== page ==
The confounding factor for this gentleman is that he has autoimmune arthritis, so he has a history of psoriatic arthritis. These patients have not been included in clinical trials. However, given that there are trials now looking at comorbidities or institutional experiences, I think many of us feel comfortable talking to our patients about the risk and benefit of these agents. Because he has been minimally symptomatic and it has been several years since he last required any therapy for his psoriatic arthritis, it is reasonable to consider pembrolizumab monotherapy for this gentleman. In speaking with him, it became very clear that he wanted to preserve quality of life and was interested in monotherapy.
Are you routinely testing for PD-L1 expression in patients with newly diagnosed disease such as this one?
Testing for PD-L1 is now standard of care for all patients with NSCLC. It can often be done in-house within 24 hours, and often we will get the PD-L1 information before genotyping in nonsquamous tumors. But certainly, for patients with squamous cell tumors, after PD-L1, I don’t think testing beyond that is required unless the clinical scenario dictates that.
What are the treatment options you would consider?
Given his high PD-L1 expression of greater than 50%, based on KEYNOTE-024, he could undergo treatment with mono-agent pembrolizumab versus chemotherapy.2That study demonstrated a significant improvement in PFS for patients, with a hazard ratio of 0.50. I think that is truly exciting. The response rate also improved.
Now that we have data looking at all-comers treated with chemotherapy and pembrolizumab, there is growing acceptance that chemotherapy plus immuno-oncology therapy could also be appropriate in this patient population. My take on it is that if the patient doesn’t have critical disease, single-agent pembrolizumab would be very reasonable. However, for patients who are very symptomatic, there are several trials now that support chemo-immunotherapy.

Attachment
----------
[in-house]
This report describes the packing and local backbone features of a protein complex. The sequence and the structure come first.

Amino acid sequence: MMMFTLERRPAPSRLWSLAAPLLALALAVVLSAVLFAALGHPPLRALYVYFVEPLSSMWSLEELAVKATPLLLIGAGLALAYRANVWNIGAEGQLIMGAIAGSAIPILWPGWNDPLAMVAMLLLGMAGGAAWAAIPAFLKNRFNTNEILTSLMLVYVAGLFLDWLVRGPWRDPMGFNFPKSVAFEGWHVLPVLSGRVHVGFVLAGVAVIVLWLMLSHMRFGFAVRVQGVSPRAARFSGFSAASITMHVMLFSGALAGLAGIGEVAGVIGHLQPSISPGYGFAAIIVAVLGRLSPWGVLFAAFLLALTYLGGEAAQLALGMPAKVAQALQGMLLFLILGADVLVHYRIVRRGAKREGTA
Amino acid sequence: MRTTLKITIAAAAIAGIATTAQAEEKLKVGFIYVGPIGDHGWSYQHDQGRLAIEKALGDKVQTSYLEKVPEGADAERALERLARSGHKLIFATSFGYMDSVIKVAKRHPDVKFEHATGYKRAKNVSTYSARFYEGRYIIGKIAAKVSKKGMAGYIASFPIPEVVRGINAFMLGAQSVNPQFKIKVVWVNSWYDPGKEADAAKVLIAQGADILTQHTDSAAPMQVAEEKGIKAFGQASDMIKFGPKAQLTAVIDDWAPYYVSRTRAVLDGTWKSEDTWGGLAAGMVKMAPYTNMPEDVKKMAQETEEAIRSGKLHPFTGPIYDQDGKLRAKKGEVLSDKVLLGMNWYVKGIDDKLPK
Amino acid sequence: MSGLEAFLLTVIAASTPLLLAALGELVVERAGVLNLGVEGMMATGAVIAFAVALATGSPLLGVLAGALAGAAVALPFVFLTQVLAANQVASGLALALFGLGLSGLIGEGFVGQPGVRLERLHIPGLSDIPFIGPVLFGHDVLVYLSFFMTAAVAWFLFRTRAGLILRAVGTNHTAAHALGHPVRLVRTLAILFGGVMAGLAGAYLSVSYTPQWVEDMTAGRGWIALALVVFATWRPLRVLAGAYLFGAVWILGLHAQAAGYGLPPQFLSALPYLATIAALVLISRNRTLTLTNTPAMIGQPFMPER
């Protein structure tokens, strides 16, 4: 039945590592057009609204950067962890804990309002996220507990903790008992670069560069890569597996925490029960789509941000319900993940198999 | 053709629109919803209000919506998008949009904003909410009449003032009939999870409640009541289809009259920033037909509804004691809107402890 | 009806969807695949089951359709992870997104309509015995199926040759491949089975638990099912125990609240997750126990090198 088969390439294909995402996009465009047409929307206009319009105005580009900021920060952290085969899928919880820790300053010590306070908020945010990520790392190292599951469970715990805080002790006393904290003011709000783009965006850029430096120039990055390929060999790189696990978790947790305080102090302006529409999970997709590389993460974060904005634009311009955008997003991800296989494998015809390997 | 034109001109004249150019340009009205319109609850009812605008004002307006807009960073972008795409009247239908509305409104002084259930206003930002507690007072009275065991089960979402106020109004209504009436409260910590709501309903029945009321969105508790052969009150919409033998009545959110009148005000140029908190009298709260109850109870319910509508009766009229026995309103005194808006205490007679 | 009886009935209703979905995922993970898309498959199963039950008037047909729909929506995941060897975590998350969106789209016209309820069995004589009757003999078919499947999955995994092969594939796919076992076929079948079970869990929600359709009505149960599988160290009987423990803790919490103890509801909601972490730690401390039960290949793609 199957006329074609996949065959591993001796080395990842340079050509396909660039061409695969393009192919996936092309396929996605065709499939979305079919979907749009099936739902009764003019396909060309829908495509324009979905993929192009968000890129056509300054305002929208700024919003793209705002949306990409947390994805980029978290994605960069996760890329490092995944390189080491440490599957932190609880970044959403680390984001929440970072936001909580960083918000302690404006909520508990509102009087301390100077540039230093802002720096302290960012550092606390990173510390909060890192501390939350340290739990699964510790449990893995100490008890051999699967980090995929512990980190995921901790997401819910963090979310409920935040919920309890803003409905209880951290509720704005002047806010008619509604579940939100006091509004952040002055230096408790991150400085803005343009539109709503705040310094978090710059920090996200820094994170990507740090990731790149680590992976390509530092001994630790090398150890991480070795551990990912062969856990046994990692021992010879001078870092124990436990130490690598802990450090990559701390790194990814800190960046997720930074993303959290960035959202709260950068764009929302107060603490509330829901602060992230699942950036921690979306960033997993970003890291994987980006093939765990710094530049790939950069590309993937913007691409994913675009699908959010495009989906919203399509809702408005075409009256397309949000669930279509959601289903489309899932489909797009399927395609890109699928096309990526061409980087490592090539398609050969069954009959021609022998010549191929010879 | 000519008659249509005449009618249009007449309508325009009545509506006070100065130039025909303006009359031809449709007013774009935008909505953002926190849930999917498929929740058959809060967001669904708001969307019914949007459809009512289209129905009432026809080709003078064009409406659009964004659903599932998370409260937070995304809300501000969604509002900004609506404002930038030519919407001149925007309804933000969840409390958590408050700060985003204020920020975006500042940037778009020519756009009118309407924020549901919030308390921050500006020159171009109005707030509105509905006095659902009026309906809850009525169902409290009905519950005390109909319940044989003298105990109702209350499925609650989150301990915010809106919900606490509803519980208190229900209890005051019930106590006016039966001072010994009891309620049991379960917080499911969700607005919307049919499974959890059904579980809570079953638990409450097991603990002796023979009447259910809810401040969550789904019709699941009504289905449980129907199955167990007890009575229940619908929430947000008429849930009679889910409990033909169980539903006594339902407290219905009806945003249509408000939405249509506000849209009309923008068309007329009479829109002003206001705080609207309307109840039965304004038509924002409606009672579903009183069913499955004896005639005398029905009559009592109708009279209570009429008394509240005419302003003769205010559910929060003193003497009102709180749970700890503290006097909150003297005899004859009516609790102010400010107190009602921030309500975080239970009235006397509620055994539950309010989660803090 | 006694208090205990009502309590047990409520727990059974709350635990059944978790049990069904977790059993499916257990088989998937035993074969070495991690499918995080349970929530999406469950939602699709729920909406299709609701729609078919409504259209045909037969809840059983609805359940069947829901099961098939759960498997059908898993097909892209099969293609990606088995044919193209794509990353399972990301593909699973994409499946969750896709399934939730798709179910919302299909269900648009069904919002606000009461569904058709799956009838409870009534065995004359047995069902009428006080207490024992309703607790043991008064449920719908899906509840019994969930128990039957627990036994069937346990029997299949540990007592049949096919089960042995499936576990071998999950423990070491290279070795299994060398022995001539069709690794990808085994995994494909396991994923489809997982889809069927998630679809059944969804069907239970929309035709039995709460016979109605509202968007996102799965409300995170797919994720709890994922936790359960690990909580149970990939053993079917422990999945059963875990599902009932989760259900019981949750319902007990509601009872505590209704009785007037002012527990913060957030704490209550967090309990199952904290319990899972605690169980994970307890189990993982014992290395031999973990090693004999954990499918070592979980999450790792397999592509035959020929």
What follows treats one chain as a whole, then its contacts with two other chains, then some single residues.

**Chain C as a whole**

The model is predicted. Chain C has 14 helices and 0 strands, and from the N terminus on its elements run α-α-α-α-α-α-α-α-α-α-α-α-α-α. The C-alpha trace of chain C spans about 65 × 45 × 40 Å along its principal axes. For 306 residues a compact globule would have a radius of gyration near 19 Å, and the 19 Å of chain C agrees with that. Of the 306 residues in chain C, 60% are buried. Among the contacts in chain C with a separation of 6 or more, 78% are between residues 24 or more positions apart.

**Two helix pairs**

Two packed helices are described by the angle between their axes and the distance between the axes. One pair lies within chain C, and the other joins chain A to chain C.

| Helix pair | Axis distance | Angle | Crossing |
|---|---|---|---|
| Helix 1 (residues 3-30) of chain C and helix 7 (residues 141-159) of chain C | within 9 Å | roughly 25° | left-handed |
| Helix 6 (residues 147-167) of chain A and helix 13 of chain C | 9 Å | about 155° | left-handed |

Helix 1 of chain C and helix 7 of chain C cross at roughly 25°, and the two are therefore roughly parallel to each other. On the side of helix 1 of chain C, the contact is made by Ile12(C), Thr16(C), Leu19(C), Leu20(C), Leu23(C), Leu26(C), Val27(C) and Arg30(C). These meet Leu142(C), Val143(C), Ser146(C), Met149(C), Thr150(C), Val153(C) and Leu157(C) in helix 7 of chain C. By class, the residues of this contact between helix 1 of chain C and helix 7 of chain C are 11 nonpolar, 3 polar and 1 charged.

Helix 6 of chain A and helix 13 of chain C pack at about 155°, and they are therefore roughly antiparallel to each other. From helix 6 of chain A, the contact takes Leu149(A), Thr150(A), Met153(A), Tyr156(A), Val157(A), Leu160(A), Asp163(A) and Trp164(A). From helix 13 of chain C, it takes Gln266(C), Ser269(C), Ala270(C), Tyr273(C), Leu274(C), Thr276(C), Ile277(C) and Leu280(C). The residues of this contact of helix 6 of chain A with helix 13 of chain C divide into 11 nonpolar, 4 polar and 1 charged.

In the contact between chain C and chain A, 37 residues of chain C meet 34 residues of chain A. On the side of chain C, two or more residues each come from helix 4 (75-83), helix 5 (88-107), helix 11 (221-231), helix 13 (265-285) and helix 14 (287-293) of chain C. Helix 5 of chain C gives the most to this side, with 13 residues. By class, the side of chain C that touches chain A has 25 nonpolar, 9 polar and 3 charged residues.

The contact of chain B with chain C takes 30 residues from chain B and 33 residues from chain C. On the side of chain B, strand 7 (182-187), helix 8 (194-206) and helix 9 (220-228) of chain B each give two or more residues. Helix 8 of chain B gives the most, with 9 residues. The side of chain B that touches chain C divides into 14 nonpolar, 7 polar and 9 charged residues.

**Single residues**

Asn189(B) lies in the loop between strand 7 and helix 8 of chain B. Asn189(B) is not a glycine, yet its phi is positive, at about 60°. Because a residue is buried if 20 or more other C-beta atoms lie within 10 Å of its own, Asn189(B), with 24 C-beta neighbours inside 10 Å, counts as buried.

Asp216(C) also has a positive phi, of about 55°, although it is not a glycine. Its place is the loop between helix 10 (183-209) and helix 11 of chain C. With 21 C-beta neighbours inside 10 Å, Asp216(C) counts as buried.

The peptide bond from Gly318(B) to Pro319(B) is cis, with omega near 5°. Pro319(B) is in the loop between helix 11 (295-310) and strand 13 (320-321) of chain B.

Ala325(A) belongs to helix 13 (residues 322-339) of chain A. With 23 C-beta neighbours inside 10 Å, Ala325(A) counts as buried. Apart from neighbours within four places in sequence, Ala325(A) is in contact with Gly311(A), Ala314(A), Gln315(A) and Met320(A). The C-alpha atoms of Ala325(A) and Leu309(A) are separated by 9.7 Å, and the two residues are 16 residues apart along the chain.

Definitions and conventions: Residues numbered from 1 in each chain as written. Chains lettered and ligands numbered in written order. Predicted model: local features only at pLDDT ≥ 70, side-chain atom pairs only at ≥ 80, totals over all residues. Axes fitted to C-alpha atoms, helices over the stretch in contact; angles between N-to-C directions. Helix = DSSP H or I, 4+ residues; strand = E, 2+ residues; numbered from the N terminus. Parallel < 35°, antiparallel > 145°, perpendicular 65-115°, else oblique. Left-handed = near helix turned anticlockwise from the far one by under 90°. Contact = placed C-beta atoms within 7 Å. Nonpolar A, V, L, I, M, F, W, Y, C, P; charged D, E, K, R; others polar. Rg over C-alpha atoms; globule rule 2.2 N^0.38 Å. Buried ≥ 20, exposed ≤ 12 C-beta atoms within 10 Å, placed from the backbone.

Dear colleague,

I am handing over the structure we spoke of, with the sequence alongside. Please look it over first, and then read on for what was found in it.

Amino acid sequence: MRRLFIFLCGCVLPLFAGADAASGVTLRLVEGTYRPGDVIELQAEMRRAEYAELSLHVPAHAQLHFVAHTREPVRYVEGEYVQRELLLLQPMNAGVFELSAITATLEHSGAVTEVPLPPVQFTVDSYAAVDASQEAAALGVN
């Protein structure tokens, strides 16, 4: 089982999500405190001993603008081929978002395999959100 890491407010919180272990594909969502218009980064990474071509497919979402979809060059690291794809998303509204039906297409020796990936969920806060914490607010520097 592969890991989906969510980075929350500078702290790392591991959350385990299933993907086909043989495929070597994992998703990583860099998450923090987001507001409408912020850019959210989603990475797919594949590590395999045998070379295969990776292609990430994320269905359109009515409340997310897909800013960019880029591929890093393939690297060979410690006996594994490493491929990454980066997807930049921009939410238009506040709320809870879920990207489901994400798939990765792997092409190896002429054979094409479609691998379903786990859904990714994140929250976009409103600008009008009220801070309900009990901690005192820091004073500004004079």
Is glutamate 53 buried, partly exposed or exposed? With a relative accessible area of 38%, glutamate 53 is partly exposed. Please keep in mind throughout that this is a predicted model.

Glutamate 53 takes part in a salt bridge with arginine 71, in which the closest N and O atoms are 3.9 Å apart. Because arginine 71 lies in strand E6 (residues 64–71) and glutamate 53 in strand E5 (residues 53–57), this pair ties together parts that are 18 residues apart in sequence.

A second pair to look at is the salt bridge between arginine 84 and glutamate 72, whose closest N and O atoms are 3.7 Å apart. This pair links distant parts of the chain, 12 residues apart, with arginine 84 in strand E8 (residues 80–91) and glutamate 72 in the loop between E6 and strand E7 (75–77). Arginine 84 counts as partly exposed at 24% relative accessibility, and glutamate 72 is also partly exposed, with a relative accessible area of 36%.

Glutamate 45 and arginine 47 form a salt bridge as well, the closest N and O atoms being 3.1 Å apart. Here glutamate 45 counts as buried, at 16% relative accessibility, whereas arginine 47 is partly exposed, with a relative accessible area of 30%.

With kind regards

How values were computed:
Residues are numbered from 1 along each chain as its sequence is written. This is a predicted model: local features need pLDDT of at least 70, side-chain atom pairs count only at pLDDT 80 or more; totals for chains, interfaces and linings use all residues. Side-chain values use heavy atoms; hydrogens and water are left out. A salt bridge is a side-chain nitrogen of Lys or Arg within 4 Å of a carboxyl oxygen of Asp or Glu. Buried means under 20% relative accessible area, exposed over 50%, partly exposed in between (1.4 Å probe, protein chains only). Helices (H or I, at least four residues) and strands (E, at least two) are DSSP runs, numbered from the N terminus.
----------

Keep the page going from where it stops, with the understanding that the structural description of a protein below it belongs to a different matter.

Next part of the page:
Is there a potential role for radiation therapy to address his symptoms of dyspnea and back pain?
Absolutely. If he is having painful back metastases, he can have improvement in his functional status by treating his pain. Moreover, there have been a couple of series, as well as posttrial analyses, that suggest that immune checkpoint inhibitors tend to be particularly effective after radiation. That may be due to neoadjuvant presentation or shifting to a less immunosuppressive environment.
The patient was started on treatment with pembrolizumab.
How does his older age and good performance status factor into the choice of pembrolizumab?
Patient-centric decision making is very important for a patient to maintain his or her independence and decrease the level of toxicity. However, for anyone with high PD-L expression, I think it would be very reasonable to consider pembrolizumab alone.
Do precautions need to be taken considering his psoriatic arthritis?
Absolutely. The discussion regarding toxicity is one that comes with a lot of uncertainty, but just watching him closely is important, to look for a flare in symptoms. Autoimmune disorders are important to watch for in all these patients. We routinely check thyroid function and routinely ask for a long and complicated review assistance. Everything from shortness of breath to diarrhea to changes in energy is often a clue that patients are having more toxicity than we initially expect.